Controversy in the States


The Gates Foundation, which is backing  schools reform in the States and carries considerable clout, recently released a study called “Measures of Effective Teaching” (MET) that supports the use of Value Added Assessment  and Value Added Measurement. Remember that these measures are used to evaluate teacher performance and are integral to education reforms in the States. The Foundation  hired an impressive list of economists at institutions  to afford  authority to its work. Among its key findings was : “Teachers with high value-added on state tests tend to promote deeper conceptual understanding as well.” Ah, said the proponents of measuring teacher quality by the rise and fall of student test scores, this study vindicates these methods and effectively counters all those cautionary warnings. But now comes a re-analysis of the Gates study by University of California-Berkeley economist Jesse Rothstein  which  claims  that the MET study  managed to reach the wrong conclusions and that its data demonstrate that VAA misidentifies which teachers are more effective and is not much better than a coin toss. Even the claim that teachers whose students get high scores on state tests will also get high scores on tests of “deeper conceptual understanding” is flawed, writes Rothstein. The correlation between the two tests was actually modest: About 29 percent of the teachers in the bottom quintile on the basic skills tests were rated above average on the tests of reasoning and critical thinking; these are the teachers who would be fired if the Gates Foundation had its way. “Interpreted correctly,” writes Rothstein, the analyses in the Gates’ report “undermine rather than validate value-added-based approaches to teacher evaluation.” Jesse Rothstein has studied VAA in the past, but he also  served as senior economist for President Barack Obama’s Council of Economic Advisors and chief economist at the U.S. Department of Labor. His message is that academics are struggling to find a full proof, reliable  method to measure   just how much value teachers add and that consensus is hard to find. Unions are generally against such measures saying that they are unreliable, unfair and serve to demonise teachers.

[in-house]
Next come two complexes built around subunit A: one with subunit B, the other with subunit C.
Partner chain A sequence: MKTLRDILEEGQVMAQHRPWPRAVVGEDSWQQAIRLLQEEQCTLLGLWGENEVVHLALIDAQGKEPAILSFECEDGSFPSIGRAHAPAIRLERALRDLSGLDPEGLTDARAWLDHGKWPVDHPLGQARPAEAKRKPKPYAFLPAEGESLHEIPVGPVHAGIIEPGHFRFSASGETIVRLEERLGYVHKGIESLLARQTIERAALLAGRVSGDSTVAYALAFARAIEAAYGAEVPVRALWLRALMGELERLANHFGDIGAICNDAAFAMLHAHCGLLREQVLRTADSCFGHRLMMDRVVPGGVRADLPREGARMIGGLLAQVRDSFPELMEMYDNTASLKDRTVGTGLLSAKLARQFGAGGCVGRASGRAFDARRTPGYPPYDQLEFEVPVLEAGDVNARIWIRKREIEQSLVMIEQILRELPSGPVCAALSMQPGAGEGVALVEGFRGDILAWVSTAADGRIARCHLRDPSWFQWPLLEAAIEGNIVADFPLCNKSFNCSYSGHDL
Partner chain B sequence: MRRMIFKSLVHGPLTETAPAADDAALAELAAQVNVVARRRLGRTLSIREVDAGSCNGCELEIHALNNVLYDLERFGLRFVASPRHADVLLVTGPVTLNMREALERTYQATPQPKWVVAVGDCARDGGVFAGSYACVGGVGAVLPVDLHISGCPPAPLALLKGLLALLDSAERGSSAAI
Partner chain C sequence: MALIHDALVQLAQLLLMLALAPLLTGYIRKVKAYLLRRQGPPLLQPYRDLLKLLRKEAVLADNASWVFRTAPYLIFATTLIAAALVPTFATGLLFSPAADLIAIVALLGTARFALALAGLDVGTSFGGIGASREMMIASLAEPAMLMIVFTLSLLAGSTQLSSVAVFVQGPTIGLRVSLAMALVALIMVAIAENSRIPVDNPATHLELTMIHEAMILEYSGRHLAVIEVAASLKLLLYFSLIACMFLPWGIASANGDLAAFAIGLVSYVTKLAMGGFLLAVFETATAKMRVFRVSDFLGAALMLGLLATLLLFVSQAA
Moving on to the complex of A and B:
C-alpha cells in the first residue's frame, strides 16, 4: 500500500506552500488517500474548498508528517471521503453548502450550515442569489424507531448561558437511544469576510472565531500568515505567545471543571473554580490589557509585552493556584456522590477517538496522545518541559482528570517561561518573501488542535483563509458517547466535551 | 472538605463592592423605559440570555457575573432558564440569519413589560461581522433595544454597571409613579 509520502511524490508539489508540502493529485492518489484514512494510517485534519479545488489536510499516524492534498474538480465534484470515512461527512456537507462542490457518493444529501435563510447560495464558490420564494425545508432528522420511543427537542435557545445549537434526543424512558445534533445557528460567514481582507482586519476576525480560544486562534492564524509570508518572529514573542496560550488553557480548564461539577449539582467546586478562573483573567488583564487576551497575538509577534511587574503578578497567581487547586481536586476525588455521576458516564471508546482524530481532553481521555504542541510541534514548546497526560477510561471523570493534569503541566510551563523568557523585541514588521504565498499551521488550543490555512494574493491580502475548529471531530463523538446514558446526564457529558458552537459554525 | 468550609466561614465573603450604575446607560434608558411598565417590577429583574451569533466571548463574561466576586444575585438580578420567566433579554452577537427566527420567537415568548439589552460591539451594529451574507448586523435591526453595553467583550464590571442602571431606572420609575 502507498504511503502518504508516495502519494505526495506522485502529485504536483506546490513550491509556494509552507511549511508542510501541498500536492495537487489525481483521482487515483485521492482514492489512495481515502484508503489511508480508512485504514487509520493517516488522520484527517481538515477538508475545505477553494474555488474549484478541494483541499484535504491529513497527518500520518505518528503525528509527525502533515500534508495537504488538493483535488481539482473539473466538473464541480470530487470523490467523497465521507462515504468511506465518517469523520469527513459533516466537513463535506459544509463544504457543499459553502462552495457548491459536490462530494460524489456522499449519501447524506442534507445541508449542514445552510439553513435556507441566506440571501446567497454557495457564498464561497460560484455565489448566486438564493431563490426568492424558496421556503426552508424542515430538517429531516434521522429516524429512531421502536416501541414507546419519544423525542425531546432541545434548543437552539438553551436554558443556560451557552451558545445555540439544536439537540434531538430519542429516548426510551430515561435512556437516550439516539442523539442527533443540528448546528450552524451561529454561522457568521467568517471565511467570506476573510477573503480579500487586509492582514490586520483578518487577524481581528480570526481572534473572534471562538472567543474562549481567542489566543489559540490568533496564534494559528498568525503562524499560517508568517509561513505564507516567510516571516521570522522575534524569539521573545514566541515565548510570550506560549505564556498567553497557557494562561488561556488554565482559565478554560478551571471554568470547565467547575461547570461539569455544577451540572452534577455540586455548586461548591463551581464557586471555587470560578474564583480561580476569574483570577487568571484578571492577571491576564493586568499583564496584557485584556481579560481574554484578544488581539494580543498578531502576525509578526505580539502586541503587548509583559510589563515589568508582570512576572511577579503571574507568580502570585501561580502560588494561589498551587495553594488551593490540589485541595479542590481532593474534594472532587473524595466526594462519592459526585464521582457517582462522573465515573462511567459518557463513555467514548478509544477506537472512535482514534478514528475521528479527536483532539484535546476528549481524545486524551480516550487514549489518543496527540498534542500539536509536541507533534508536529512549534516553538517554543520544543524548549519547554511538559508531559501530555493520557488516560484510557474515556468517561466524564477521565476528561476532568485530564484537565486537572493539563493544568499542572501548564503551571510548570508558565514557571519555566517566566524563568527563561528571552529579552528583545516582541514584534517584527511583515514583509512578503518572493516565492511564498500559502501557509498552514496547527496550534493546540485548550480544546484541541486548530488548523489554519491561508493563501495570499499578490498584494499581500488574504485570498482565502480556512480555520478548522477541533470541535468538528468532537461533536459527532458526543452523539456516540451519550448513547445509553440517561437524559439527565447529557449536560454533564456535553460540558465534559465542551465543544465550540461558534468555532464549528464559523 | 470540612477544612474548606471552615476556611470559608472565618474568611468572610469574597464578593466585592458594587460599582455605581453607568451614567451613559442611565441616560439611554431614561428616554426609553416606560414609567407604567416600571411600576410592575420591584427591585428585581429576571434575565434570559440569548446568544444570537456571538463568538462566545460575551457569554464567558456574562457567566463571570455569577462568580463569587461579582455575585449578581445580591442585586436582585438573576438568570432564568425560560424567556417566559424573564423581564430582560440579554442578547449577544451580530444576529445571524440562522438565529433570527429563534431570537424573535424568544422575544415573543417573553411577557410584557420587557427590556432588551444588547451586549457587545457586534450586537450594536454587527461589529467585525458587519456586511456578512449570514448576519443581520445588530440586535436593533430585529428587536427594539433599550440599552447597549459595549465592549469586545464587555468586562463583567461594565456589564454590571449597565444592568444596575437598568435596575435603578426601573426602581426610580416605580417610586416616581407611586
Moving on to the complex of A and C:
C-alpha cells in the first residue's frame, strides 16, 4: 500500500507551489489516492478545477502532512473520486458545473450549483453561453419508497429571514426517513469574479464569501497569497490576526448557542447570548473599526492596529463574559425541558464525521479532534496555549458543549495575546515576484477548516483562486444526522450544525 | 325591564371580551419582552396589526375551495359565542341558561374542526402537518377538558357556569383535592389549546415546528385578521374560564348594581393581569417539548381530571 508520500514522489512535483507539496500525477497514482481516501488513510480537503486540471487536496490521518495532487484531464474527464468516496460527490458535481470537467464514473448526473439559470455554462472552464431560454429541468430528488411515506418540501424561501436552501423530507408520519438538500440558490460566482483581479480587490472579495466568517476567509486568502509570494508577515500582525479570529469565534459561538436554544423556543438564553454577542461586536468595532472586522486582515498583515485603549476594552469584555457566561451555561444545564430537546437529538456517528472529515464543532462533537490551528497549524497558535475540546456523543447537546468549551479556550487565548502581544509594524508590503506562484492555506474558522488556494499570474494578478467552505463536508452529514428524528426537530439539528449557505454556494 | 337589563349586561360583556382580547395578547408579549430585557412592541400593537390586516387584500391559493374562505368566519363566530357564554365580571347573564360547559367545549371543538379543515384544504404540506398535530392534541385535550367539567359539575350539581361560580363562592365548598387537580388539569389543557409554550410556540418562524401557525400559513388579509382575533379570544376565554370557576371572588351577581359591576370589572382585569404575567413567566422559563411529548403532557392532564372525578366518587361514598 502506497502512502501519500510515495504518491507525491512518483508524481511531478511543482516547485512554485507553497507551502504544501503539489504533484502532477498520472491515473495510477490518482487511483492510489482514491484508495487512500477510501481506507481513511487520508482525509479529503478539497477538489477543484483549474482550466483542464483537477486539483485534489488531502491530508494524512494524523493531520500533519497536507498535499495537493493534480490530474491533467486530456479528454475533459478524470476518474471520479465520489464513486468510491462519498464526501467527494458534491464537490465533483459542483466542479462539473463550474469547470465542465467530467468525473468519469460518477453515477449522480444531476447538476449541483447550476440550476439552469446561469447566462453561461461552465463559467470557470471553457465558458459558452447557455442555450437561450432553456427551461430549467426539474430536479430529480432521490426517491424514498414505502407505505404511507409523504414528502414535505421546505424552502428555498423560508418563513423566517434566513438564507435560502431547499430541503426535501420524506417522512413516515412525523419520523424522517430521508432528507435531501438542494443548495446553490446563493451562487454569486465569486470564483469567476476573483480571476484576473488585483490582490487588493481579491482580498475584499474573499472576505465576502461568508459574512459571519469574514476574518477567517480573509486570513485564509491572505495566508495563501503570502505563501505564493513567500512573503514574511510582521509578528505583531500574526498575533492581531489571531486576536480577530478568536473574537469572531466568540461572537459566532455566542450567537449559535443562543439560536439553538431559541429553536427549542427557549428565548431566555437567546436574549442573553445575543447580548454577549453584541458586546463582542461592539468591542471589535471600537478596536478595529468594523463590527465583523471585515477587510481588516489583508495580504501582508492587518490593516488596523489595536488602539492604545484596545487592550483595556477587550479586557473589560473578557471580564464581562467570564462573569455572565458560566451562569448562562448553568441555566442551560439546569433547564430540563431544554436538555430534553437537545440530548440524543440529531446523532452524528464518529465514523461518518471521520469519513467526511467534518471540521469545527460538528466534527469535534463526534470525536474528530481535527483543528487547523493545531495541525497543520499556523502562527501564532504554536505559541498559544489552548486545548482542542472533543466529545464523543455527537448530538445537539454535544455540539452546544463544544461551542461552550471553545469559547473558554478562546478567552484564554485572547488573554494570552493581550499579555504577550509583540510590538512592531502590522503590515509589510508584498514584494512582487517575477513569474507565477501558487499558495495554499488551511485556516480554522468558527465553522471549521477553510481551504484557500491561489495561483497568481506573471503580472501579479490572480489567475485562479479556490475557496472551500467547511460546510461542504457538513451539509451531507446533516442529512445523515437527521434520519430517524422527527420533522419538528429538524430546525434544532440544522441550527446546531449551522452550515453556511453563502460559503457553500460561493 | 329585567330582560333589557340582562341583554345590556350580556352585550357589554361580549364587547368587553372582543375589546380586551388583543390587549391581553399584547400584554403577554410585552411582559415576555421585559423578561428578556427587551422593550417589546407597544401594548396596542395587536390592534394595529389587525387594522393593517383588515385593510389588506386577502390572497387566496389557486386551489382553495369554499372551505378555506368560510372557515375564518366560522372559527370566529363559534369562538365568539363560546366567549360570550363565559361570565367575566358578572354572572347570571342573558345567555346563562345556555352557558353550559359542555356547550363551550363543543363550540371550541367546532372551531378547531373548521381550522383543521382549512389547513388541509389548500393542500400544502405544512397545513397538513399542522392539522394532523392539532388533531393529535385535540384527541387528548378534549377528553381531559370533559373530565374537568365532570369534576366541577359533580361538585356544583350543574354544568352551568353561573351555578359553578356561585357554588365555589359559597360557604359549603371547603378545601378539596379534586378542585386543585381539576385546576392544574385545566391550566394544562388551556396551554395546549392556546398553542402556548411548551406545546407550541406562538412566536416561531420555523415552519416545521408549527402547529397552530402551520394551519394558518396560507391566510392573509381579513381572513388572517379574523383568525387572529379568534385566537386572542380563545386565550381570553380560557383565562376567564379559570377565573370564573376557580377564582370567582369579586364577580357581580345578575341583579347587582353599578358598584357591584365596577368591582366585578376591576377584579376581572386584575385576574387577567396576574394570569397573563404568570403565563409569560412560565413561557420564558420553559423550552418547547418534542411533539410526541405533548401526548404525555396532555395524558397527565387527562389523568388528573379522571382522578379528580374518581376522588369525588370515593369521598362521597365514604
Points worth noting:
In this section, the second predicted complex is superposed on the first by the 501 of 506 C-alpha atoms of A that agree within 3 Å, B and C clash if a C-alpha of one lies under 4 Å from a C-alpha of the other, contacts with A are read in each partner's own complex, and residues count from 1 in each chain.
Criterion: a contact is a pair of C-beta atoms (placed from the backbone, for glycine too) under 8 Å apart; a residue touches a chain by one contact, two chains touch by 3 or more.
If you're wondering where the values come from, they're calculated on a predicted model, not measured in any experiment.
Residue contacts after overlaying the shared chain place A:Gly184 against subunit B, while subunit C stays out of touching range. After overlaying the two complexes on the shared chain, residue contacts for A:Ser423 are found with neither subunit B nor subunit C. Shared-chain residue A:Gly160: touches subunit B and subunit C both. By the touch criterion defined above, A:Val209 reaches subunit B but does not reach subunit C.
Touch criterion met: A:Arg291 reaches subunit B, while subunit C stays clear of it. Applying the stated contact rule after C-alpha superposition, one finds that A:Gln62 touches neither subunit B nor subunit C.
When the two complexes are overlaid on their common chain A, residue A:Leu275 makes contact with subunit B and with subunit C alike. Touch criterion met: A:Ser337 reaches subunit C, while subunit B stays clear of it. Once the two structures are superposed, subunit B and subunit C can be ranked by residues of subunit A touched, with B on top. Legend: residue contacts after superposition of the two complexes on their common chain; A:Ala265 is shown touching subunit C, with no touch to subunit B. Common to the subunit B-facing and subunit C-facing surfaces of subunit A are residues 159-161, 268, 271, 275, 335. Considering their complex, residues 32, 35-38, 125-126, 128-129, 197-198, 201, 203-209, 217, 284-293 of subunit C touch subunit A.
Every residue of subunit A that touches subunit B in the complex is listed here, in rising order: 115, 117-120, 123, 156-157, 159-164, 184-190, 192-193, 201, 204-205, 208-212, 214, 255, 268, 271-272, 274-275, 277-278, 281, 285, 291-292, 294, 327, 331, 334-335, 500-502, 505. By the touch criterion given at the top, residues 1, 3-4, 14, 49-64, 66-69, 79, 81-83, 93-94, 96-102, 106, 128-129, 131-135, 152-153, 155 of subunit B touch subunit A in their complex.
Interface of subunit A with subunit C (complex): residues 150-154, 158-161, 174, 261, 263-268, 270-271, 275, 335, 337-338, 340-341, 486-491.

Note: The UK  Government has dropped  the Contextual Value Added   measure from League tables. Research conducted by Allen and Burgess in 2010, Evaluating the Provision of School Performance Information for School Choice found that CVA is a less strong predictor of how well a child will do academically than raw attainment measures. The Government decided to end the use of contextual value added because the measure is difficult for the public to understand and because it  feels it is  ‘wrong to support a measure which entrenches low expectations of certain groups of pupils.’


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